A couple of days ago, Simon Barron at the Guardian posted a piece that claimed “Google can’t be trusted with our books,” because the company decided out of the blue to shut down Google Videos and pitch all user-uploaded content on the site in order to focus more on its search. A public outcry convinced Google to backpedal to the extent that it would see about preserving the content and making it available elsewhere, but Barron sees the original decision as a sign that Google might choose to dump any content at any time if it wants to.

As a private sector company, the core aim of Google is to make money. The Google Videos situation shows that in order to lower expenditure and adjust its priorities, Google was willing to delete content entrusted to it by users. Libraries have trusted Google with millions of documents: many of the books scanned by Google are not digitised or OCR-processed anywhere else and, with budgets for university libraries shrinking year after year, may not be digitised again any time in the near future. Google acted admirably by listening to users and working to save the videos but entrusting such vast cultural archives to a body that has no explicit responsibilities to protection, archiving and public cultural welfare is inherently dangerous: as the situation made clear, private sector bodies have the ability to destroy archives at a whim.

He goes on to talk about how cultural institutions and the public sector should be enabling access to digital information, bridging the digital divide, and so on, and that we should have a national digital library. While I can’t argue with that, I think it’s a little bit odd the way that he’s singling Google out.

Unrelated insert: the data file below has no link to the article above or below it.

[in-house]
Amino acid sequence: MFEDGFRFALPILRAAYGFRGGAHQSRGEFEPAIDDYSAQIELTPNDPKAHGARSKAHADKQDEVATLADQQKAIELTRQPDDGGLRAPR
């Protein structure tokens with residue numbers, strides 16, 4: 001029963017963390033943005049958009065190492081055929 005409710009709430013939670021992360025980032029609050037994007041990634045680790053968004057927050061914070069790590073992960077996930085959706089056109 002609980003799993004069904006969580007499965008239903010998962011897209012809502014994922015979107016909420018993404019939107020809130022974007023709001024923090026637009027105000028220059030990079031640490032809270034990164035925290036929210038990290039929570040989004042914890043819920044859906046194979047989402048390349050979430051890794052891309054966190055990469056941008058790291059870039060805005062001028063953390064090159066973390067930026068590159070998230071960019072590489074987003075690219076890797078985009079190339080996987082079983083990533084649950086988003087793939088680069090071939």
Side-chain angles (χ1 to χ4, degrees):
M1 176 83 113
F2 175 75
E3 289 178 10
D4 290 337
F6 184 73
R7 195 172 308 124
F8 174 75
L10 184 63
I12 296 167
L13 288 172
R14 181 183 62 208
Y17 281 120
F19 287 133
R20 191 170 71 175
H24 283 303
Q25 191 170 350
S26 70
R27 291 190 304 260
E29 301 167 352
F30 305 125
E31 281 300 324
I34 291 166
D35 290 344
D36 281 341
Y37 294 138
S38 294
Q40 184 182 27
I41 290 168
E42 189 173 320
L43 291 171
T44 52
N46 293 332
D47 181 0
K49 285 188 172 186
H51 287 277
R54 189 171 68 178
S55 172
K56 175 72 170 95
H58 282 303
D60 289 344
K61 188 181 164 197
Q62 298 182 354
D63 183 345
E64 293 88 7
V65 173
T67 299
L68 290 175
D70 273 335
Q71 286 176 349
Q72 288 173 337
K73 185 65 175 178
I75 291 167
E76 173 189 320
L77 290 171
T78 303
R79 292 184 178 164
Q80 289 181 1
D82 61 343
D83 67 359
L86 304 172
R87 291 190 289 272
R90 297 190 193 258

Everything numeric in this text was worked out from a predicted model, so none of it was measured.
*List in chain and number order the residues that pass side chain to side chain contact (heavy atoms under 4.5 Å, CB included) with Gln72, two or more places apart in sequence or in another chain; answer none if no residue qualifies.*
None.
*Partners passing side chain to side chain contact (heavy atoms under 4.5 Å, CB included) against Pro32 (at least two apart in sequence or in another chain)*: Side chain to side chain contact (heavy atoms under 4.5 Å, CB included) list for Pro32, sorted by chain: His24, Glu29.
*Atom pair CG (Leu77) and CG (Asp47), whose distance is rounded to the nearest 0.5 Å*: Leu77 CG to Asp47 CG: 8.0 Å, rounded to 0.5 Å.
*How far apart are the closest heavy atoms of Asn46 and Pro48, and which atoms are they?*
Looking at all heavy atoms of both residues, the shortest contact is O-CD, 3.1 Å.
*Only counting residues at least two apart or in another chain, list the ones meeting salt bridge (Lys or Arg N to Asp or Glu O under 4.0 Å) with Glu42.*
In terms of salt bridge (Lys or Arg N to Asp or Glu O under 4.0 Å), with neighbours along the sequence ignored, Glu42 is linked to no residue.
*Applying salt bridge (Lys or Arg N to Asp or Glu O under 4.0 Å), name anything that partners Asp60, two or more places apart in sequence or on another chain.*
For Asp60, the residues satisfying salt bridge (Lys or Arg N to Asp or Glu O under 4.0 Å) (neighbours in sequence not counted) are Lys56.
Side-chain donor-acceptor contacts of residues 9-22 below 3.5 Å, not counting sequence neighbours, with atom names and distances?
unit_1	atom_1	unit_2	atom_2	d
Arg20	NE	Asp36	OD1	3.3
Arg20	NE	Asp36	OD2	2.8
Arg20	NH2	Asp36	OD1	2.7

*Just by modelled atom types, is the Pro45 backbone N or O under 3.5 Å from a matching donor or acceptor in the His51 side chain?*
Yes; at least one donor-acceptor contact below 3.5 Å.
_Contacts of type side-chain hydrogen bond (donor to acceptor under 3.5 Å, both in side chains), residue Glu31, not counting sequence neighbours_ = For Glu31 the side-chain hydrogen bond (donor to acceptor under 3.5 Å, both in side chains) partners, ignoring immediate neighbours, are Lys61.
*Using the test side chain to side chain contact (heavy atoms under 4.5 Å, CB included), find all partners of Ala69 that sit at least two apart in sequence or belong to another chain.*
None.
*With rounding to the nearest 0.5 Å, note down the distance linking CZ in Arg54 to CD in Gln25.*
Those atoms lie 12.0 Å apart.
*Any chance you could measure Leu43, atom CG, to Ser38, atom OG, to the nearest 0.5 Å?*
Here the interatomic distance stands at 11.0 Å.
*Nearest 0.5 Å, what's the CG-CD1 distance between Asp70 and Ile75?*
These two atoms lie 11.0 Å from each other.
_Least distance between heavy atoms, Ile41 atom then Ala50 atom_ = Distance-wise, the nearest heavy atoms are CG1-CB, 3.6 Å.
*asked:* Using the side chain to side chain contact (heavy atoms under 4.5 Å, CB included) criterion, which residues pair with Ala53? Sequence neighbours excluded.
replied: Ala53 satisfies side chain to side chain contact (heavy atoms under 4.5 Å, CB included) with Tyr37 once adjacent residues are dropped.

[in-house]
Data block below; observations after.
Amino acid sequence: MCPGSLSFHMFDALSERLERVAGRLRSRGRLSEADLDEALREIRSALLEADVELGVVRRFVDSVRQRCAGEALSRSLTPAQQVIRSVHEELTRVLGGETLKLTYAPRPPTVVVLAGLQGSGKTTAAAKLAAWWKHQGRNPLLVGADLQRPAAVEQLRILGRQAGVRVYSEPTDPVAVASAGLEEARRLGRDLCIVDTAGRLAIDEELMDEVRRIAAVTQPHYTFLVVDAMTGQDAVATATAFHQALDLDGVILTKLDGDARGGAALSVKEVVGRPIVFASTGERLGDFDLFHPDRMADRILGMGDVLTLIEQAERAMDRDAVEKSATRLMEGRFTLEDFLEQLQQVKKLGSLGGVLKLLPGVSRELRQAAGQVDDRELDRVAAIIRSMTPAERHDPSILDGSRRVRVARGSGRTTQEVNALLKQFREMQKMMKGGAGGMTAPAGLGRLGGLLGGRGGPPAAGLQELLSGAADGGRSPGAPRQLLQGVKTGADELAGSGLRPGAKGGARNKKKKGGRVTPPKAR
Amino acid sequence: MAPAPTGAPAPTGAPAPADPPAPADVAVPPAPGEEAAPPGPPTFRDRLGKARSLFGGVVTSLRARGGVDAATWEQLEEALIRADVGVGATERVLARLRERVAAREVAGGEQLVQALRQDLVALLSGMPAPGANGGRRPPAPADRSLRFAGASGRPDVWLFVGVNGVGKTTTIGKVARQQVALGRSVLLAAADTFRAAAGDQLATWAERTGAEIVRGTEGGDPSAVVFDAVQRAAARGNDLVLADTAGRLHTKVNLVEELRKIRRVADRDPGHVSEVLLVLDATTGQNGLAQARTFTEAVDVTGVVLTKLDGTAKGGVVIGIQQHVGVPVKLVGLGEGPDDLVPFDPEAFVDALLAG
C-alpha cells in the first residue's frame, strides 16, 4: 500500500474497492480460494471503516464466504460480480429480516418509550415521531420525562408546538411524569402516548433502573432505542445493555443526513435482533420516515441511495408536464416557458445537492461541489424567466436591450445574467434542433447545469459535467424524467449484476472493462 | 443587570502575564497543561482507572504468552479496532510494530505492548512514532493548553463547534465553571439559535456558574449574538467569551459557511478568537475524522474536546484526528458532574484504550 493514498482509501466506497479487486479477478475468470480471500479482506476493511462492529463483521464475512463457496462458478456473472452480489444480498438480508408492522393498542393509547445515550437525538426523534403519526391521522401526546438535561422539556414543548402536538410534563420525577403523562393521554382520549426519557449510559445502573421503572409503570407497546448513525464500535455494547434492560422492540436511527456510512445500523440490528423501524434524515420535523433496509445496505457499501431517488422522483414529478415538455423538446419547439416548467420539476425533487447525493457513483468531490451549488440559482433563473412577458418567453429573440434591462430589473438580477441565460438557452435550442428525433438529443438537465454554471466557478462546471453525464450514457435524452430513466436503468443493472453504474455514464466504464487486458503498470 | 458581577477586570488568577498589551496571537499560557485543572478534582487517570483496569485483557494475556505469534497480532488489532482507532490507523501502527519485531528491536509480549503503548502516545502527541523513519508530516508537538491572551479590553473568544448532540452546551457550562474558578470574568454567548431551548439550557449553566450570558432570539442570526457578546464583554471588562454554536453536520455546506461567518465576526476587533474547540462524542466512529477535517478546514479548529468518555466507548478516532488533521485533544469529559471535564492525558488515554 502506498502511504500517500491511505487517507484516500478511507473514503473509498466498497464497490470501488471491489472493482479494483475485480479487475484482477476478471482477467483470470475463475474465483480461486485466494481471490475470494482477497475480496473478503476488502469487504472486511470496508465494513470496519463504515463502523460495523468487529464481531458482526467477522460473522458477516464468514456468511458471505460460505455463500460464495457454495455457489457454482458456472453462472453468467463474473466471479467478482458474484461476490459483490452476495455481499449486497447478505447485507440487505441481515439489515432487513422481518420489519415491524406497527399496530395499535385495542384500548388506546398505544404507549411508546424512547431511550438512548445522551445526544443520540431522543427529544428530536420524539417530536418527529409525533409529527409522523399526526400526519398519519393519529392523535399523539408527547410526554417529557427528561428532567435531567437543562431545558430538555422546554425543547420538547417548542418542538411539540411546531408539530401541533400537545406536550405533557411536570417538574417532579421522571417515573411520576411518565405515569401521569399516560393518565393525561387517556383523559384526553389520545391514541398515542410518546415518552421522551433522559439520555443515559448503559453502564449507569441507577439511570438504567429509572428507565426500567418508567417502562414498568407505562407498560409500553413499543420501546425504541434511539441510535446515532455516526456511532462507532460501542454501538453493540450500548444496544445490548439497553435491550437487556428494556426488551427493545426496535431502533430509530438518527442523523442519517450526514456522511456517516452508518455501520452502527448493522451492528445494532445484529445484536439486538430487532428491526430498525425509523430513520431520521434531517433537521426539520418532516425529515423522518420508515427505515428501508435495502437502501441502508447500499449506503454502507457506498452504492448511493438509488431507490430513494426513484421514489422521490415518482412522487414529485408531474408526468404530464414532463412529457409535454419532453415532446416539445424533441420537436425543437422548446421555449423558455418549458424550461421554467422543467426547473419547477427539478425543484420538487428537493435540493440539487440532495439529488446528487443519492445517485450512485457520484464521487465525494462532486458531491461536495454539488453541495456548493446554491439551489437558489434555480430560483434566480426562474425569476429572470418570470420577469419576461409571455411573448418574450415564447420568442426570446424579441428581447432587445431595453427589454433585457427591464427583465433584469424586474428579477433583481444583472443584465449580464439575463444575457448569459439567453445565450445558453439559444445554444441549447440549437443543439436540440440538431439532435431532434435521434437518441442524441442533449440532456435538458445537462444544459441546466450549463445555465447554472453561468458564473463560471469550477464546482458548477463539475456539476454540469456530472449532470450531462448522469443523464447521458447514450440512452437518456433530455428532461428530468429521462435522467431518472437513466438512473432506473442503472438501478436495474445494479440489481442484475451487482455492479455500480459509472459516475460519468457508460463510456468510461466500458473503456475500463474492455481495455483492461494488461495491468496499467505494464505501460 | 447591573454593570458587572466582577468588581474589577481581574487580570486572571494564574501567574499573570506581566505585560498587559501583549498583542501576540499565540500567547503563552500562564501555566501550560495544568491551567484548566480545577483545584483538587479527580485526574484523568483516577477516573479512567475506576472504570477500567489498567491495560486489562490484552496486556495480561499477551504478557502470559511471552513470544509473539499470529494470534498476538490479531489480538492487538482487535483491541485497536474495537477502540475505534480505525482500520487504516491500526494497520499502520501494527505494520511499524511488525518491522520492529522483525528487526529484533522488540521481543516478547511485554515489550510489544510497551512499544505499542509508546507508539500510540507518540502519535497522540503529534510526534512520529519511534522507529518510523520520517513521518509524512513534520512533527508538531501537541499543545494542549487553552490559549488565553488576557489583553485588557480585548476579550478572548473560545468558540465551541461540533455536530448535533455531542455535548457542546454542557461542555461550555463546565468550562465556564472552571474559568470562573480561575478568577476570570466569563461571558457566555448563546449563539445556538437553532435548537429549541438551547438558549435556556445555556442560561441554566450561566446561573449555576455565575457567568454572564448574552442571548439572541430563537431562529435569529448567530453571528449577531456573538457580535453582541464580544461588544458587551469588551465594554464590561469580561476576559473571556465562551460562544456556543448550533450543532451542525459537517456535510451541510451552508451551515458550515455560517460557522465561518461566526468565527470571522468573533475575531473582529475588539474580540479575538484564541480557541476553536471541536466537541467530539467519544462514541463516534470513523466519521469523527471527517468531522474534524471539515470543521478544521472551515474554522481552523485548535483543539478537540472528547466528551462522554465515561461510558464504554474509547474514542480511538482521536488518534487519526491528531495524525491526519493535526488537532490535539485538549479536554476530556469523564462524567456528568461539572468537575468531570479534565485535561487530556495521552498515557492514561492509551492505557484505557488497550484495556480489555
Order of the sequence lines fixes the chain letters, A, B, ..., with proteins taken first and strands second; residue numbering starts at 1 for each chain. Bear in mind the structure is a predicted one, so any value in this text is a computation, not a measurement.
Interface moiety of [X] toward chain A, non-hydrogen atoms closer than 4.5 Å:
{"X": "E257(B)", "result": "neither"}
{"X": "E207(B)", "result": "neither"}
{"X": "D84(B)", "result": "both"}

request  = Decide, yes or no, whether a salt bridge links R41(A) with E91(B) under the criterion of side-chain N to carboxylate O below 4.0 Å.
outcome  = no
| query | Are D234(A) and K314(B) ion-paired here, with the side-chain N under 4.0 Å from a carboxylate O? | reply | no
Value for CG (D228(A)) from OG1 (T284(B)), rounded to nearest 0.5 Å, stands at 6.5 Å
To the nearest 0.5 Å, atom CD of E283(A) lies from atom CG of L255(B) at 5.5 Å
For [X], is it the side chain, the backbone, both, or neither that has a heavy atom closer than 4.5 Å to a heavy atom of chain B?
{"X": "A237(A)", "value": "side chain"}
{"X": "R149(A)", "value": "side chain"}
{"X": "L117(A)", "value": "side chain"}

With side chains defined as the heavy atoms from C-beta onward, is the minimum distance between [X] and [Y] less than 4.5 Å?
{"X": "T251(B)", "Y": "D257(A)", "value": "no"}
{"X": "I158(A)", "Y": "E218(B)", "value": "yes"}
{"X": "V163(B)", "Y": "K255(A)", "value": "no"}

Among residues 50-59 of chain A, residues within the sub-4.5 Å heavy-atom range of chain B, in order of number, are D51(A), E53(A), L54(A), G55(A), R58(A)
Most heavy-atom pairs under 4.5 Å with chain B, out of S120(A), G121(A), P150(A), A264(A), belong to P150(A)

Aside from the fact that plenty of people already didn’t trust Google with books without needing this provocation (which is why Google got sued by the Authors Guild), this really holds true for any commercial institution that has its hands on lots of user-generated content. If social-networking and blogging sites (for instance, the embattled also-ran MySpace which News Corp has just decided to try to sell to some other poor sucker) shut down, a lot of people would lose their stuff too.

And given how many recent cloud-based institutions have been failing all at once lately (speaking of losing user content, Time reports “Some Of the Data Lost in Amazon’s Cloud Outage is Gone Forever”) or getting badly hacked, it seems more and more like nothing digital is necessarily safe, Google or not.


  1. I think Time doesn’t understand Amazon’s Cloud Structure. I haven’ heard of anyone actually losing data in the outage, we certainly didn’t. Our developers just brought up new servers in a different availability zone and installed the latest snapshot, we were back up by the first evening. All of our data is replicated real-time to a slave db.

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